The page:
Martin Parr
[Photographer, b. 1952, Epson, Surrey, England, lives in Bristol and London, England.]

 ... I accept that all photography is voyeuristic and exploitative, and obviously I live with my own guilt and conscience. It’s part of the test and I don’t have a problem with it. 

Edgar Allan Poe
[Writer, b. 1809, Boston, Massachusetts, d. 1849, Baltimore, Maryland.]

 If we examine a work of ordinary art, by means of a powerful microscope, all traces of resemblance to nature will disappear—but the closest scrutiny of the photogenic drawing discloses only a more absolute truth, a more perfect identity of aspect with the thing represented. (1840) 

Anders Petersen
[Photographer, b. 1944, Solna, Sweden, lives in Stockholm.]

 To me, it’s encounters that matter, pictures are much less important. 

Secondo Pia
[Lawyer and amateur photographer, b. 1855, Asti, Italy, d. 1941, Milan.]

 Shut up in my darkroom all intent on my work, I experienced a very strong emotion when, during the development, I saw for the first time the Holy Face appear on the plate, with such clarity that I was dumbfounded by it. (On his 1898 photograph which highlighted the alleged face in what is known as “the Shroud of Turin.”)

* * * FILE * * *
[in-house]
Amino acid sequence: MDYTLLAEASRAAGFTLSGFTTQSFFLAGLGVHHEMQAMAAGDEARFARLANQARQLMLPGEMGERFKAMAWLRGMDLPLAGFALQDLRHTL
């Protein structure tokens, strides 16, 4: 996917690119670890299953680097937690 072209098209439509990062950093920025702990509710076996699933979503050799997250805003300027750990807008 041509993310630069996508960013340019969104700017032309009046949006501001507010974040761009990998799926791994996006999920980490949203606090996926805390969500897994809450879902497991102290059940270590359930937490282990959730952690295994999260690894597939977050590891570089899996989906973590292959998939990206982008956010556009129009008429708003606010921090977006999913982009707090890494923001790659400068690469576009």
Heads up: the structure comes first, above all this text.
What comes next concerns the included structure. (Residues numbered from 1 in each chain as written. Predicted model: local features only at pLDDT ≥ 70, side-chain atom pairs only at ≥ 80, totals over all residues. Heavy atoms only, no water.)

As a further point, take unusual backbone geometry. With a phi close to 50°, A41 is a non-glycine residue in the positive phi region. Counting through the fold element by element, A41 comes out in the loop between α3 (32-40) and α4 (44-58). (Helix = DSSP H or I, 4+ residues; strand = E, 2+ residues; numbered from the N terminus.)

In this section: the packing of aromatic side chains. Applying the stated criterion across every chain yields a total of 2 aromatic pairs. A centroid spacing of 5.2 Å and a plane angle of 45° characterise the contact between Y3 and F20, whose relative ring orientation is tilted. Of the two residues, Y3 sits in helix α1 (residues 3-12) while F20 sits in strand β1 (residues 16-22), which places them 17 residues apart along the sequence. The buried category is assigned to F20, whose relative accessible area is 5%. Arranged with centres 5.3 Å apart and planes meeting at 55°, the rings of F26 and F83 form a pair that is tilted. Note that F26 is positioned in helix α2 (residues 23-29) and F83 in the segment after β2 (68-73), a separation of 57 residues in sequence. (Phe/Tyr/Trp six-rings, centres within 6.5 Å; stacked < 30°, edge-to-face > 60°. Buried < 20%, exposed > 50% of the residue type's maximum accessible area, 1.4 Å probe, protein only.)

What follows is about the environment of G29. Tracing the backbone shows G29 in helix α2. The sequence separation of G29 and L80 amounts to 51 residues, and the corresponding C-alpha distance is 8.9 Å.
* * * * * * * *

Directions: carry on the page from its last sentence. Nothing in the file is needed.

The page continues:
Gueorgui Pinkhassov
[Photographer, b. 1952, Moscow, lives in Paris.]

 Don’t be afraid to take bad pictures, because good pictures are the mistakes of bad pictures. 

Dorothy Parker
[Writer, b. 1893, West End, New Jersey, d. 1967, New York.]

 When your bank account is so overdrawn that it is positively photographic, steps must be taken. 

Eliot Porter
[Photographer, b. 1901, Winnetka, Illinois, d. 1990, Santa Fe, New Mexico.]

 Photographs are believed more than words; thus they can be used persuasively to show people who have never taken the trouble to look what is there. 

Norman Parkinson
[Photographer, b. 1913, London, d. 1990, Singapore.]

 I like there to be a joke in practically every photo I take. Nobody has the right to make photography boring.